Job Automation Isn't As Bad As You Might Think


Job automation took over manufacturing, and it's beginning to happen with other fields as well. Many people wonder whether this technological progress is actually progress at all: is it taking more jobs that it creates? Repetitive and manual jobs are at risk. But, jobs that are replaced by technology have many major benefits. Job automation, although seemingly taking jobs, is actually helping the world by improving educational standards, creating jobs, and lowering unemployment.Job automation took over manufacturing, and it's beginning to happen with other fields as well. Many people wonder whether this technological progress is actually progress at all: is it taking more jobs that it creates? Repetitive and manual jobs are at risk. But, jobs that are replaced by technology have many major benefits. Job automation, although seemingly taking jobs, is actually helping the world by improving educational standards, creating jobs, and lowering unemployment.


The robots are not here to take our jobs; they just are here to improve them. Lower level laborers will be replaced with higher skilled workers. The problem is, as Jong-Wha Lee states, is that "The challenge today lies in the fact that the production and use of increasingly advanced technologies demand new, often higher-level skills, which cannot simply be picked up on the job."" Education is necessary for humans to compete with these mechanical laborers. It improves the world by requiring new workers to go further with their education. "The artificial intelligence revolution will be hugely disruptive, but it will not make humans obsolete." (Jong-Wha Lee) Humans just need to adapt to the change that is presented to them. This is all good, it just means that education is going to be a necessary change. Improving educational standards for the modern workplace is one way that job automation is improving the world.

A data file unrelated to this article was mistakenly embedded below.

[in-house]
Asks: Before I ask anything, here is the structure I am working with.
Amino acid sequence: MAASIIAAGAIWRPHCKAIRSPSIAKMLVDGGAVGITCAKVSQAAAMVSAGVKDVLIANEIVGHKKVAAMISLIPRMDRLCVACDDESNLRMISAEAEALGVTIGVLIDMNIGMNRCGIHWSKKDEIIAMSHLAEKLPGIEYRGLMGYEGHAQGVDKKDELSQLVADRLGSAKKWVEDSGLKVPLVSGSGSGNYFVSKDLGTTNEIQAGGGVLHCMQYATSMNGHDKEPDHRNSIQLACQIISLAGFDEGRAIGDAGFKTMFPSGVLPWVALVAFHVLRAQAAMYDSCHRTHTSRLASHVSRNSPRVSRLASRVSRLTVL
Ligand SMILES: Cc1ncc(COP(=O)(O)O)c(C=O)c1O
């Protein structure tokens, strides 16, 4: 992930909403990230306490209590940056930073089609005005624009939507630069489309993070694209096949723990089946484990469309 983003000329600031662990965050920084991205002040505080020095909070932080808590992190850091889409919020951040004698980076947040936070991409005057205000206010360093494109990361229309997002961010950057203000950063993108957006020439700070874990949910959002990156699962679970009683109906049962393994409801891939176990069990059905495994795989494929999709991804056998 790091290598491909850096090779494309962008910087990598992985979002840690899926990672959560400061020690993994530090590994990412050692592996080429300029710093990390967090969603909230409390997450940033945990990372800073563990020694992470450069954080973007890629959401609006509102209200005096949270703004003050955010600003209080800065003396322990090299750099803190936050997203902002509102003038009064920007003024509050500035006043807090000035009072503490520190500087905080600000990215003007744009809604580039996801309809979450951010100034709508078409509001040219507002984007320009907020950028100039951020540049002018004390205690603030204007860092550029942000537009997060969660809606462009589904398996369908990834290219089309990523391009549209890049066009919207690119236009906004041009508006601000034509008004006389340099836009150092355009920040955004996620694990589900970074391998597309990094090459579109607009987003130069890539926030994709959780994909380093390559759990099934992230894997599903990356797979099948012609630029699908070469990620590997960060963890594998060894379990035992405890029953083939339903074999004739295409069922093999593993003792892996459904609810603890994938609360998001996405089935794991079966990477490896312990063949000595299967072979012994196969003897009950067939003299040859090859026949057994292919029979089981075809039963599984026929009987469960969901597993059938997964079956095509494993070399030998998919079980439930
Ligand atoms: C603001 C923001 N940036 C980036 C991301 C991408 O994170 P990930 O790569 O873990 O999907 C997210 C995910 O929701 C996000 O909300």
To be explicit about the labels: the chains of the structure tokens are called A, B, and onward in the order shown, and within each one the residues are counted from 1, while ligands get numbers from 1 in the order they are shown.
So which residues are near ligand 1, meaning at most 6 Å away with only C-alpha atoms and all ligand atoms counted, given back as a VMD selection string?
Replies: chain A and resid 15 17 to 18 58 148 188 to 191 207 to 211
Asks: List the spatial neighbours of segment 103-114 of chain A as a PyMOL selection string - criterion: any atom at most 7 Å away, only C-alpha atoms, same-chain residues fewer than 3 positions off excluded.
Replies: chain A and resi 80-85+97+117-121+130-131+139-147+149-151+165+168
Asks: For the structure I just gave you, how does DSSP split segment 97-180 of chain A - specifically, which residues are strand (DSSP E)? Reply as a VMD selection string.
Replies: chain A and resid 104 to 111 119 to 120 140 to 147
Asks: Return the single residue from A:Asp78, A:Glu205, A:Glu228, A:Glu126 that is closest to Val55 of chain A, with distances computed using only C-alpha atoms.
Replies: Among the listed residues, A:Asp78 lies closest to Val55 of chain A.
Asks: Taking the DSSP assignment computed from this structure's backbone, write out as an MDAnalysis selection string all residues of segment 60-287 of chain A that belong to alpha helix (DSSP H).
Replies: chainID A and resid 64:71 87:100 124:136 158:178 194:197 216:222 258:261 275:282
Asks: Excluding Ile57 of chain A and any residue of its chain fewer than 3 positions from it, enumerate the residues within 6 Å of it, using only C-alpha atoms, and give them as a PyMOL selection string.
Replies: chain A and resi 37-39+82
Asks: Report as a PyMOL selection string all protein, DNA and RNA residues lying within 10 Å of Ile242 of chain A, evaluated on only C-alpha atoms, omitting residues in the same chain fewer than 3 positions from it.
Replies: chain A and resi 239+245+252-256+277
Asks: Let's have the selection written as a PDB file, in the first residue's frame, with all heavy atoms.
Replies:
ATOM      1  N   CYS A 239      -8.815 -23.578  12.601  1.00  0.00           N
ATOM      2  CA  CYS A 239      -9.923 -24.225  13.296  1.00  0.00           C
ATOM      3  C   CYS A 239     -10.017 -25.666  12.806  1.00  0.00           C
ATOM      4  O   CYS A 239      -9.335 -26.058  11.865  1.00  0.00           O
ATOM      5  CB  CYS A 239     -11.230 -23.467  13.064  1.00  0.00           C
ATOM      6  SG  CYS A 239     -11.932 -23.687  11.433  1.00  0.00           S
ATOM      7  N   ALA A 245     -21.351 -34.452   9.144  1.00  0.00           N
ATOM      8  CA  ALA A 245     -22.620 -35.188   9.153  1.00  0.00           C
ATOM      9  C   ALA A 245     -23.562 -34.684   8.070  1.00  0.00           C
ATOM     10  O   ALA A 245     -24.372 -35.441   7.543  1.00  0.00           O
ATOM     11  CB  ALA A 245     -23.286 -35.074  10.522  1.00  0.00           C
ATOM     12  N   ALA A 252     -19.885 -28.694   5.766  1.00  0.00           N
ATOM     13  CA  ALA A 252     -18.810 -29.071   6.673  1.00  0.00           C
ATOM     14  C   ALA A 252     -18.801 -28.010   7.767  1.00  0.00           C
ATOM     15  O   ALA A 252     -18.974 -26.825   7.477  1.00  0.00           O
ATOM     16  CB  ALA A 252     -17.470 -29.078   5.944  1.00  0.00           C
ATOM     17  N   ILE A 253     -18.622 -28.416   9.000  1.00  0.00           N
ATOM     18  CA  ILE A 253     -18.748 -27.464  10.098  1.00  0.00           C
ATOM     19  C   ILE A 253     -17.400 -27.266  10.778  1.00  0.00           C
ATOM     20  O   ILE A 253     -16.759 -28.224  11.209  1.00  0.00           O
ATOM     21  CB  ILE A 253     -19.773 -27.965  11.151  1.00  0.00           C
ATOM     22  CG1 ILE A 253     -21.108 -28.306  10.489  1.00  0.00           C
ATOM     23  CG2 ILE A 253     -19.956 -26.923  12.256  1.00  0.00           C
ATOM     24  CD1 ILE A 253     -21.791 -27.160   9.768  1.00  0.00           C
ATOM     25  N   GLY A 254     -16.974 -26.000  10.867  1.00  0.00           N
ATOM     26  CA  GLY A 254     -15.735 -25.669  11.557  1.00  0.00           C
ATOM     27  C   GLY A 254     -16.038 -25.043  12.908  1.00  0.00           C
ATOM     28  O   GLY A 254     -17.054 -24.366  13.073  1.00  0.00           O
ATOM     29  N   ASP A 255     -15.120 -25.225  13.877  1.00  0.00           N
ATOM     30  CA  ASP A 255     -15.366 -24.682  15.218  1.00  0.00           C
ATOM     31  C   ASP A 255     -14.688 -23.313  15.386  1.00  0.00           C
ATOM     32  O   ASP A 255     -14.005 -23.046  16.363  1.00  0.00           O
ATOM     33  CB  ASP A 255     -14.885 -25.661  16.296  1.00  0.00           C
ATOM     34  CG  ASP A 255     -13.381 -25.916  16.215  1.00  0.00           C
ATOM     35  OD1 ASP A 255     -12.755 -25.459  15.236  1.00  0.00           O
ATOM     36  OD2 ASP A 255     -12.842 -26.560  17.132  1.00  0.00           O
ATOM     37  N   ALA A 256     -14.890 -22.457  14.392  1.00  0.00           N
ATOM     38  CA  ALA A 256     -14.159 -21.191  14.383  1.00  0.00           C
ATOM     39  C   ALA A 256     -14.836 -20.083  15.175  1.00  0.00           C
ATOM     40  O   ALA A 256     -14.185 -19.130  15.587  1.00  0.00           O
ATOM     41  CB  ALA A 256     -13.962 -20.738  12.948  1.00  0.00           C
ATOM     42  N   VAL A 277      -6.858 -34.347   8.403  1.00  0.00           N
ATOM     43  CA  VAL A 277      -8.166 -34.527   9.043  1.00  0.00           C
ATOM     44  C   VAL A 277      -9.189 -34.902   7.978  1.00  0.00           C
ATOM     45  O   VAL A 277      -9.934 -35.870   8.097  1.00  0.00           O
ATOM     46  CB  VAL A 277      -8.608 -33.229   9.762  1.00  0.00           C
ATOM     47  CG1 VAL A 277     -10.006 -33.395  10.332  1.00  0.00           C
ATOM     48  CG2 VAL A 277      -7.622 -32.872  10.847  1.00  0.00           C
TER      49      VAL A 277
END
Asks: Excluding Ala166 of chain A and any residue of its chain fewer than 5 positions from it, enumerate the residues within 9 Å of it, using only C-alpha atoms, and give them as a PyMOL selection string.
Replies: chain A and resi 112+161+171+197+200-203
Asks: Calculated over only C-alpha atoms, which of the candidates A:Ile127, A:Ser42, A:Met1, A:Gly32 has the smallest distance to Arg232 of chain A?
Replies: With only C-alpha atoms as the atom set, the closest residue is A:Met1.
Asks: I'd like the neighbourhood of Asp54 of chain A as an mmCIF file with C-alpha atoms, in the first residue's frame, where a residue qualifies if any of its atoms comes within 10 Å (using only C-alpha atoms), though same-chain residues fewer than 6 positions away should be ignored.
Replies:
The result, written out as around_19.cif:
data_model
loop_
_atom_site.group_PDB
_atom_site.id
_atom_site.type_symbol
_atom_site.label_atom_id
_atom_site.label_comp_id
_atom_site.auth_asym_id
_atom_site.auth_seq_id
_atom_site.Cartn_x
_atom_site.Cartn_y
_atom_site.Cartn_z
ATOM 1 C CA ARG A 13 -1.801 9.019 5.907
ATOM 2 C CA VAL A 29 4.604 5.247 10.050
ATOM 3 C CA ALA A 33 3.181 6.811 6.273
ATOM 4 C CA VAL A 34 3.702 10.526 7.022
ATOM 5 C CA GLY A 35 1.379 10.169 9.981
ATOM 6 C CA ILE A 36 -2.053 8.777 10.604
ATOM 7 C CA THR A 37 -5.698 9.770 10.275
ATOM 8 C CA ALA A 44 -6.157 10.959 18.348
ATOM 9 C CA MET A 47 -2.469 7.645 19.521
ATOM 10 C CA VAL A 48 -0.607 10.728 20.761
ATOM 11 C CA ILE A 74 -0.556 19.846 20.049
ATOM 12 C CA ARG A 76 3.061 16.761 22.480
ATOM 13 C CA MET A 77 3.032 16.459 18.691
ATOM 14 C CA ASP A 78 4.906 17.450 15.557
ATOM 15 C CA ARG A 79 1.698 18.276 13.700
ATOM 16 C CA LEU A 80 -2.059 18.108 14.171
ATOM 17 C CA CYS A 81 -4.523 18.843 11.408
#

Secondly, contrary to common belief, robots and automation create entire fields for new workers. According to Daniela Hernandez, "AI opens up opportunities for many new jobs to be created -- some that we can imagine and many we probably can't right now." This suggests growth, development, and definiently new jobs. Also, iRobot has roughly quadrupled its staff of software engineers. These new careers are coming as a result of new tech."


But, in the short term it is easy to see how one could think that jobs will be taken away. For while Amazon continues to open warehouses around the globe and staff them with many thousands of human beings, estimates are that every human on the Amazon payroll--whether full- or part-time--displaces two humans at traditional brick-and-mortar operations. ( Ellen Ruppel Shell) Looking at this, it could seem that jobs are being lost. But that isn't correct: they aren't being lost, just moved. Others claim that" "... these warehouses are also becoming automated, as are any number of other places with jobs once filled by the vast majority of what economists call "middle-skill workers," the very people who once populated--and bolstered--the American middle class." (Ellen Ruppel Shell) These jobs are not disappearing, they are just moving out of the factory and into a more modern workforce.


Artificial Intelligence automation are helping the world, and they are here to stay. For example, on March 22, Google's website had an example of machine learning. If you entered a simple melody, it could autocomplete the harmony. Machine learning isn't hurting this society. But the bottom line is that either way you think of it, robots are here to stay. And if they aren't allowed here in the US, they will take jobs from others in less regulated companies, giving them pricing advantages uncomparable to ours. As time progresses, we will realize that lower skilled jobs just don't exist anymore. Facing that fact before our foreign competitors gives us the edge to stay ahead in manufacturing.